That's important to the group because proposed distances to residences are not sufficient, nor are the maximum noise levels, spokesperson Tova White contends.
The proposed standards are "insufficient for a country this size," White told Northumberland Today.
"It was no accident" the public meeting held in Grafton about Energy Farming Ontario's proposed area wind farm came the day after the provincial comment period ended, she said. Energy Farming Ontario didn't want the public to comment on this specific proposal, White alleged.
Energy Farm Ontario, meanwhile, is continuing its environmental screening process to submit its report on its Grafton-area wind farm proposal to the energy ministry within a couple of months, says company spokesperson and director Kelly Campbell.
This includes studies on such topics as bird migration and wind data.
Following a 30-day public consultation period the company will address issues raised, she said. The ministry takes about three months to make a decision, Campbell added.
Before that, however, Energy Farm Ontario plans to e-mail or send letters to area stakeholders, those who attended the Grafton public meeting and other interested parties, addressing their concerns, outlining the process and providing overall information on wind energy, Campbell said.
Two other public meetings were recently held in the Keene and Orono areas and those areas are going through the same process, she said.
Residents could also check out wind farms first-hand, and some tours might be organized like the one to the wind farm on Wolfe Island project developer Brian Crosby initiated with a local couple who were skeptical about the noise the turbines generate.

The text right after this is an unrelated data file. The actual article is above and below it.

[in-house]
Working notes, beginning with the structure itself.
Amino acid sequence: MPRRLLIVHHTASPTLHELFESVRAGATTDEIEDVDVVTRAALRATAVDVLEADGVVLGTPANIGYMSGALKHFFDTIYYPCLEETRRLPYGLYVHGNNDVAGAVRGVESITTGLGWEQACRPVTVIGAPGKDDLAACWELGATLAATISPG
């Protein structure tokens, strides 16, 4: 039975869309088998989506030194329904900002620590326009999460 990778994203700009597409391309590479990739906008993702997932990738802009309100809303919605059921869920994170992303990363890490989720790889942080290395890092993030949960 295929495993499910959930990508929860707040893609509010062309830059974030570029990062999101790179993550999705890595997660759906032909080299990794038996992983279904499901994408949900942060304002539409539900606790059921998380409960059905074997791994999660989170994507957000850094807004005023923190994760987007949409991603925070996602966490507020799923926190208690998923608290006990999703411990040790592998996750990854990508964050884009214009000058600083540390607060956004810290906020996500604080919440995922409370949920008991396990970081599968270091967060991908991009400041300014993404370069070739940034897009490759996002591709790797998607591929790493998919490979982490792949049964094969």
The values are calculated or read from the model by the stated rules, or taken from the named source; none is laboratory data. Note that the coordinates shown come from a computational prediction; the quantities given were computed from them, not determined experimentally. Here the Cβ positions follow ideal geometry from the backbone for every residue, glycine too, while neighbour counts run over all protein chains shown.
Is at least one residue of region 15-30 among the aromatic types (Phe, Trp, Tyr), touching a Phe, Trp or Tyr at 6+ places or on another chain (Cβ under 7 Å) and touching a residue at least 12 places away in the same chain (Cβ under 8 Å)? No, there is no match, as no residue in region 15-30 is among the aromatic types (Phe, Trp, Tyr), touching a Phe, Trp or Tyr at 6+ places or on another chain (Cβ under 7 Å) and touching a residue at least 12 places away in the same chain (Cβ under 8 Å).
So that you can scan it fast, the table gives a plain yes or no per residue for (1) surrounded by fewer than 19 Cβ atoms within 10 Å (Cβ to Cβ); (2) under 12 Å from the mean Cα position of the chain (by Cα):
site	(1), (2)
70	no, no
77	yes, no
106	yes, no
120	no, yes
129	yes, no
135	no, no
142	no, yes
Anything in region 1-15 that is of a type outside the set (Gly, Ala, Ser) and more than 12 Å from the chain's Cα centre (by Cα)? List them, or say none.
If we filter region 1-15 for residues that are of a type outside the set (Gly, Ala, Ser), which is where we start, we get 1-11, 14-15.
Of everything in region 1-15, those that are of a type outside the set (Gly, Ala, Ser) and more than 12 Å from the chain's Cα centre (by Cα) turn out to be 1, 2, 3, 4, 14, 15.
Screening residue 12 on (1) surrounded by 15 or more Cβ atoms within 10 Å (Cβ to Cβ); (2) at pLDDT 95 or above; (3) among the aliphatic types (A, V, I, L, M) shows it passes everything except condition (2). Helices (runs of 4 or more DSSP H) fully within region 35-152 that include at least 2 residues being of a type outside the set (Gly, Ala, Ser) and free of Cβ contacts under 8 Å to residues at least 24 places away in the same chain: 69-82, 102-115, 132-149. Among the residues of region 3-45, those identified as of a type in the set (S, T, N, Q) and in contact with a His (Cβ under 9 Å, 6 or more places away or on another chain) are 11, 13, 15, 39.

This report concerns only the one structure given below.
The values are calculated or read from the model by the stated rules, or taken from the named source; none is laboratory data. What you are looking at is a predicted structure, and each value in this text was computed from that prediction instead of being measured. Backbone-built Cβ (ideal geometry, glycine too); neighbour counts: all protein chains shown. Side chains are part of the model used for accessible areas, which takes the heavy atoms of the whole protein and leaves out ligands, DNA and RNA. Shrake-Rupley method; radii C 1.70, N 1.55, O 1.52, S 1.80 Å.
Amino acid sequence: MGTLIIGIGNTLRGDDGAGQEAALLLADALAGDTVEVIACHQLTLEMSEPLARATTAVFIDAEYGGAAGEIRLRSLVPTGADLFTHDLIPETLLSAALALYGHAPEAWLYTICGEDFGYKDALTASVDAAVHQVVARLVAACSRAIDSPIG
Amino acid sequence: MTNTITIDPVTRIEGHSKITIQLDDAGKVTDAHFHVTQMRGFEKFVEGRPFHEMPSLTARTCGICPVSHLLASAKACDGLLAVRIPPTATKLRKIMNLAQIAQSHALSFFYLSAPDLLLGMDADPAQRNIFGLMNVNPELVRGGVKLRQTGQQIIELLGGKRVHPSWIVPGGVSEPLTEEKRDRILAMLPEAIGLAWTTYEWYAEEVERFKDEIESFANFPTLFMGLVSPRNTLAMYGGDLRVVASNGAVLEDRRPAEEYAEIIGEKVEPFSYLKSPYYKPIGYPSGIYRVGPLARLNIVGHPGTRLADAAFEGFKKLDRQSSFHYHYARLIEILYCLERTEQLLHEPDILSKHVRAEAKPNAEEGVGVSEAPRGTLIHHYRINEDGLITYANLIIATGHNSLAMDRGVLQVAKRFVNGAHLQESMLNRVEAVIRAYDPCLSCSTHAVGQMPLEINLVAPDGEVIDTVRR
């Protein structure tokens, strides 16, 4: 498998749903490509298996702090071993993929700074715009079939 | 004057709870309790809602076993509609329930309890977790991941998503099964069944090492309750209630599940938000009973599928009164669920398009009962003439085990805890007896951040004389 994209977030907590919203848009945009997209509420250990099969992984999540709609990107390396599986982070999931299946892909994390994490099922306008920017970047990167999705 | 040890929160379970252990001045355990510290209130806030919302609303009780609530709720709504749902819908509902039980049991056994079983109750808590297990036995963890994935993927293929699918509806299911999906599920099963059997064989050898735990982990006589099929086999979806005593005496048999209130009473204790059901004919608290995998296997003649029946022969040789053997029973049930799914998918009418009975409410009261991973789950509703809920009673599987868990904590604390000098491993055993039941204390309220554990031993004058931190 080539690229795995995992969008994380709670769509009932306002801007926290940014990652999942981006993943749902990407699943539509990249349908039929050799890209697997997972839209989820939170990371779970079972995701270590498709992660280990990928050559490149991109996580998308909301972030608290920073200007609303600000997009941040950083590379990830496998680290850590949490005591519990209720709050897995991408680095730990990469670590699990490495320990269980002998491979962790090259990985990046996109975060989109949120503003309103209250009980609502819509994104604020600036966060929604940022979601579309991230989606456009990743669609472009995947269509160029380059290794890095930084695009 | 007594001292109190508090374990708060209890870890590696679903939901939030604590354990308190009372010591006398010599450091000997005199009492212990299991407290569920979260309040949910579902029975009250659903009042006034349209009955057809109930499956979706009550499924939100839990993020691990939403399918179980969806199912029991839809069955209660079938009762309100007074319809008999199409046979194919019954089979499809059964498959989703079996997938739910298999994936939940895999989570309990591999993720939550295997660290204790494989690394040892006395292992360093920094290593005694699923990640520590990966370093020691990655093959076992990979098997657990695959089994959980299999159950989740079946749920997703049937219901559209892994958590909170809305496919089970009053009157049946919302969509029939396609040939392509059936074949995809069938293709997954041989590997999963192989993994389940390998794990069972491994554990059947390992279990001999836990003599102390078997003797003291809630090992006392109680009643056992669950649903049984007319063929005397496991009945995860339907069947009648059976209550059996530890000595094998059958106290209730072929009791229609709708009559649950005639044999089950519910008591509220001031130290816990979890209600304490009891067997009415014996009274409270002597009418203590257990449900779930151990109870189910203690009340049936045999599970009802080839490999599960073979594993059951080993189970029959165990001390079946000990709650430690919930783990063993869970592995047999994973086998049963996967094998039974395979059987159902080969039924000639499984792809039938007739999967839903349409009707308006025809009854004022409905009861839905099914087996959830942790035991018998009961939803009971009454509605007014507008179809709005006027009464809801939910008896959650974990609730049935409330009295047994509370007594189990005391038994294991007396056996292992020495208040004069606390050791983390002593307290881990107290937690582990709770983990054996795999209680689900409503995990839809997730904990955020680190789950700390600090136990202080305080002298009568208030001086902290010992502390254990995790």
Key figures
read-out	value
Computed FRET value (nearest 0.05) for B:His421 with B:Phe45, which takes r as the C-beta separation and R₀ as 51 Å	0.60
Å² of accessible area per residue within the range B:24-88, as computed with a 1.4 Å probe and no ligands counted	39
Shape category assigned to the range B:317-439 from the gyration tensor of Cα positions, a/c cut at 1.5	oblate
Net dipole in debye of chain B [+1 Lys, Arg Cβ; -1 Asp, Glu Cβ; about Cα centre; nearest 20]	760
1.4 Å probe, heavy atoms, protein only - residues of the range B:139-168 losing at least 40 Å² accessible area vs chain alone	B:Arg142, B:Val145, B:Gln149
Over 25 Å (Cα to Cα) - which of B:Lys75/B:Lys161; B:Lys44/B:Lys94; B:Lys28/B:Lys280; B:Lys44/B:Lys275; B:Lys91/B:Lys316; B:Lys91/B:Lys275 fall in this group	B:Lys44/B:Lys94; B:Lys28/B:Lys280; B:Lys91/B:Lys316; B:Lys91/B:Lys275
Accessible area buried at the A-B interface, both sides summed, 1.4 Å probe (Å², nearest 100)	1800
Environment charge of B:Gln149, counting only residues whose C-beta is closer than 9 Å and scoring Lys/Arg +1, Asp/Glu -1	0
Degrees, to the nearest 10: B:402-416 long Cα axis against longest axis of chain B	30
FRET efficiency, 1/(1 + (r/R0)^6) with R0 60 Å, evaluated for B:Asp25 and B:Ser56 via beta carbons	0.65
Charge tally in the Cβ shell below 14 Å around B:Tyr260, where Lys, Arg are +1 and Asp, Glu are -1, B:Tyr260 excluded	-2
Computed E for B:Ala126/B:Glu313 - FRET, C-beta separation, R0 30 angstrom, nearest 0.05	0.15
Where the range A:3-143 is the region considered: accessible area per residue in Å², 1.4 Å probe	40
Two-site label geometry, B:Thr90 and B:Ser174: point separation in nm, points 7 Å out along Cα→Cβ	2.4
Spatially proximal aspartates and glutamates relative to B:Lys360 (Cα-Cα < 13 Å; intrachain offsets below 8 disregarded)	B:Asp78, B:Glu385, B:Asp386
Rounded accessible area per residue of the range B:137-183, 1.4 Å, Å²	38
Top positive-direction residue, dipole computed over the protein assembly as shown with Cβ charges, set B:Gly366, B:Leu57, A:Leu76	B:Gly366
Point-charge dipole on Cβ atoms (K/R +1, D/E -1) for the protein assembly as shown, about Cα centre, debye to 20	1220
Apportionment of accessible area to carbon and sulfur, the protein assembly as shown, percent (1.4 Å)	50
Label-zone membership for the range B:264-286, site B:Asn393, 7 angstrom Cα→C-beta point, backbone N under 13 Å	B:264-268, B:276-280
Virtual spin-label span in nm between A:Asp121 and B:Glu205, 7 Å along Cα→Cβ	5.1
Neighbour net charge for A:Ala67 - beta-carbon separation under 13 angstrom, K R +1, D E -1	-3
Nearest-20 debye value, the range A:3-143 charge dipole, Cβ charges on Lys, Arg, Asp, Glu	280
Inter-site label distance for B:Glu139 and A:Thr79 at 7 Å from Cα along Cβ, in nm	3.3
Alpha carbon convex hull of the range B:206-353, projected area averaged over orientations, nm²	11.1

"But nothing is specifically planned," Campbell added.
At this point the group of about 50 people with concerns about the Grafton-area wind farm proposal are sharing these concerns electronically, White said. Letters are being copied to provincial Energy Minister George Smitherman and Northumberland-Quinte West MPP Lou Rinaldi, she added.
Concerns raised by area residents over wind turbine farms include adverse health effects, inefficiency, noise and esthetics. Some of these are mirrored in a study undertaken by Nia Pierpont titled Wind Turbine Syndrome.
"I've been overwhelmed by the people interested in either being actively involved or on an information list," White said.
Some live outside the township and elsewhere in the county, she said.
Ann Barlow lives in the area and is opposed to any wind farm being located on the Oak Ridges Moraine.
"My family has had land here for about 45 years," she states in an e-mail. "We are restricted in many ways but understand the importance of the moraine. The placement of wind turbines here is completely unsuitable and contradicts the spirit of the conservational act."
Alnwick/Haldimand Mayor Bill Finley says he has not fielded a lot of telephone calls about last week's open house, which he also attended. He lives outside the study area that lay between Centreton Road (County Road 22) in the north, Telephone Road in the south, generally west of County Road 23, Boyle and Shelter Valley roads and east of a line in the area of Wilson Line, Scott and Massey roads.
Energy Farm Ontario is putting in place options to lease properties within the study areas. One of those property owners declined to comment to this newspaper on the arrangements with the company, and the company said that, due to privacy issues, it would not identify specific owners.
People realize the municipality doesn't have jurisdiction because the province took this over with the Green Energy Act, Finley said.
The township has its own bylaw regulating wind turbines and windmills but whether this regulates individual wind turbines as opposed to wind farms is still being investigated, he said.